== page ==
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Name: Myra S.
Status: Educator
Age: 50s
Location: N/A
Country: N/A
Date: June 2003

I do not understand how the foam insulation that broke off the fuel tank could strike the shuttle wing at a speed of 500 mph as reported. The debris would have essentially the same speed as the shuttle when it broke off, and I know the shuttle was accelerating, but how can the difference over such a short distance amount to a speed difference of 500 mph? What was the acceleration at the moment?


Very fine question. This was also my question. One can assume that the speed difference between the time at which the foam broke off and the time at which it struck the left wing is ~ 0. However, after some thought, and after watching the high speed videos (Courtesy of NASA TV), it is conceivable that the foam might accelerate to a relative speed (relative to the orbiter) of a few hundred MPH. "How", you ask? I am no NASA engineer. So I cannot tell you the exact speed of the orbiter when the suspected fatal debris hit the wing. But I will venture a guess at > 5000 MPH. The shuttle experiences most of its acceleration in the first minute or two while the SRB's are still 'catapulting' the entire vehicle into orbit. After the SRB's are spent and break away, the three main engines burn for ~ 6-7 minutes or so to do the rest of the work. My point is that just because it seemed as if the damage occurred toward the beginning of the flight does not mean that the orbiter was going relatively slow.

Furthermore, you are viewing images on your TV screen that scale down a mammoth sized space vehicle into a ~ 25 - 32" diagonal screen. So you really do lose some perspective on the true magnitude of what is going on. This type of foam insulation might conceivably have a density = a fraction that of water. This means that its air drag coefficient would be ridiculously HUGE. As the foam dislodged from the vehicle's external tank, it probably had time enough to travel ~ 100 feet or so to accelerate (actually decelerate as viewed from someone on the ground) and build up enough relative velocity due to this massive deceleration to strike the orbiter at a relatively small speed of a meager 500 MPH.

I believe in the accuracy of the relative speed figure of 500 MPH. After all, they are NASA, they put people on the Moon and got them back to Earth safely. Furthermore, it is just a believable figure.

Here is the question to ask. How is it that something so NON-DENSE as foam, could cause any damage or aid in dislodging of any heat shield tiles? The very physical property of the foam that gives rise to its massive relative speed increase, would cause that same foam to do less damage because of its lowered density ( ie less momentum / kinetic energy ).

I just wish that the orbiter got hit by micrometeorites or something beyond our control. It just sickens me to think that it is possible that we lost seven human lives, very intelligent and brave souls, just to learn a few relatively petty details of the shuttles possible failure mechanisms.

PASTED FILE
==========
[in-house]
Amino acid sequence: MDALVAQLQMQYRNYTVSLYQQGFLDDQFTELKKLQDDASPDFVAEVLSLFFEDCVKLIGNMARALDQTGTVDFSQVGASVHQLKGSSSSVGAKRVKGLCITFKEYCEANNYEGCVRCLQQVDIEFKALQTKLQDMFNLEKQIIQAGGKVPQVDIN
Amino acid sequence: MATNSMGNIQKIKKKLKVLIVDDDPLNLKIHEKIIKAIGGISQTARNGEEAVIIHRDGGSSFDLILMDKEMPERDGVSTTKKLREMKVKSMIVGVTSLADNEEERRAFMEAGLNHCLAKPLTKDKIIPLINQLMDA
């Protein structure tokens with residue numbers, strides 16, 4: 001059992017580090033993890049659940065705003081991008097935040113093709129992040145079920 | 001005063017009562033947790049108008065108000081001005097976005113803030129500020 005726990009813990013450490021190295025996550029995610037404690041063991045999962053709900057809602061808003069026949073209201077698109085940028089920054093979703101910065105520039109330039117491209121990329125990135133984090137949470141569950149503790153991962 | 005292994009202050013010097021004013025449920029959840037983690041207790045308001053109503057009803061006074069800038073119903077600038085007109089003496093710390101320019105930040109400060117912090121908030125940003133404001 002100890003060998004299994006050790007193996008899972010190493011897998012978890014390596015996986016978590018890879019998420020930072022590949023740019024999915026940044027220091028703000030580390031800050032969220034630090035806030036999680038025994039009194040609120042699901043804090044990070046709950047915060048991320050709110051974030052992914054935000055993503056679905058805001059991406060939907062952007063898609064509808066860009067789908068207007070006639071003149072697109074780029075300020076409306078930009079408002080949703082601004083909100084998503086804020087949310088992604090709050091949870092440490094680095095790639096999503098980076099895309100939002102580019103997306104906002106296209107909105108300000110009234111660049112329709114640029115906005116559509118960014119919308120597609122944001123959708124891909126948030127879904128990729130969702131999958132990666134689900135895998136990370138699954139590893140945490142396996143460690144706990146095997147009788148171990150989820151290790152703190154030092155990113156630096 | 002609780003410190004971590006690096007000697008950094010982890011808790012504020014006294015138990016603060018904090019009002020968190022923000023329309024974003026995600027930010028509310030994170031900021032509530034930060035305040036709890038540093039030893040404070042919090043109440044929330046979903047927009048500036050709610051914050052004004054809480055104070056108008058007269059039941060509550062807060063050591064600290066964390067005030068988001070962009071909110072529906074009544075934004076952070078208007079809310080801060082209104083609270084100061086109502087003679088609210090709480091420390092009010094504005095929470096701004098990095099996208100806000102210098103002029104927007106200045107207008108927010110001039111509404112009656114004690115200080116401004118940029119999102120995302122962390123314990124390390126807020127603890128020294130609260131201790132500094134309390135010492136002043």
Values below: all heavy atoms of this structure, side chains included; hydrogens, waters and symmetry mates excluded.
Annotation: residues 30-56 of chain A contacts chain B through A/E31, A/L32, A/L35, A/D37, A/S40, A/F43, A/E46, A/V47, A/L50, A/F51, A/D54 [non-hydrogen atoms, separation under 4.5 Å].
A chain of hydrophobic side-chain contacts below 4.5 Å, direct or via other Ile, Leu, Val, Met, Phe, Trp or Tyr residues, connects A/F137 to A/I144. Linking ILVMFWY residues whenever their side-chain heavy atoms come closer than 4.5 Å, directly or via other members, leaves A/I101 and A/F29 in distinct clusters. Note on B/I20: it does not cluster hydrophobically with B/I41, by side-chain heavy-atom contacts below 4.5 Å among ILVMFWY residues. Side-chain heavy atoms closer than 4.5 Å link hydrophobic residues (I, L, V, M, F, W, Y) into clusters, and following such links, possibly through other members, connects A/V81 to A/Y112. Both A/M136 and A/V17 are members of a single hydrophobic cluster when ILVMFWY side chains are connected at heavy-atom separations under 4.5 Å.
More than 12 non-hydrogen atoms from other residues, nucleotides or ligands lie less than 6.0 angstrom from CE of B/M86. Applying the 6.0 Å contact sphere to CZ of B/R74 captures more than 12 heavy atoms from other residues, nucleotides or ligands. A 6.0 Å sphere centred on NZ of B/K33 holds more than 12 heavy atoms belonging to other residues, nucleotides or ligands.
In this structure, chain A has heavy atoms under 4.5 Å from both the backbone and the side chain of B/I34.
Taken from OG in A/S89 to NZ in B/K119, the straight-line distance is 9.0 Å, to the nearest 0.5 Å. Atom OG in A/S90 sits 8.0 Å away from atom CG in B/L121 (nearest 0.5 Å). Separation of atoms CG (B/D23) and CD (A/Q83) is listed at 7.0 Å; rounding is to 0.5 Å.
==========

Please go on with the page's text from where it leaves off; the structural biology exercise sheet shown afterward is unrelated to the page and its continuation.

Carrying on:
Go to link #1 for more details and a decent quality report (dated April 2003) on the shuttle investigations.

Go to link #2 for a great link to remember all astronauts/cosmonauts/space travelers. They have paid the ultimate price to help mankind gain experience and to ultimately make manned space flight a safer reality.

1.) 6658-2003 Apr1¬Found=true

Quote from URL #1

"Investigators said the National Imagery and Mapping Agency has further enhanced a video that shows the left wing impact during the ascent. Tetrault said the team now believes a two-pound piece of foam approximately 24 inches by 15 inches by 5 inches, traveling about 430 mph, struck the left wing somewhere in a two-foot-wide "footprint" centered on the lower side of carbon fiber panel number 6. The footprint includes portions of two carrier panels."


Best Regards,
Darin Wagner

The shuttle needs to have a certain velocity in order to escape the earth's gravitational pull, which is on the order of 25,000 miles per hour. So, if a small chunk of foam falls off, there is no longer thrust behind it to accelerate it (or maintain constant velocity) and there is now wind resistance and gravity slowing it down. I do not the exact value of the acceleration at that time, but I can imagine that the velocity estimated is pretty close when things are traveling at 5,000 mph or better.

Christopher Murphy, P.E.

I do not know how NASA arrived at the speed at impact for several reasons. I have not read what their frame of reference is. Presumably, it is either with respect to the center of mass or the space shuttle, which would be about the same. In addition, it is not clear whether the piece of foam was accelerated by a rush of gases from rockets nearer the top of the shuttle and/or the hydrodynamic speed of the air that passes over the shuttle generated by the ignition of the rocket engines. A related aspect is that is not talked about in the press reports that I have seen is the fact that a piece of foam, even "squishy" foam can act like a brick at high speeds. The impact is of such short duration that the foam has no time to deform mechanically. An analogy is diving. If you jump off a 3 meter diving board -- it is fun -- but if you jump out of a plane at 3000 meters. The water behaves essentially like a hard surface.

Vince Calder

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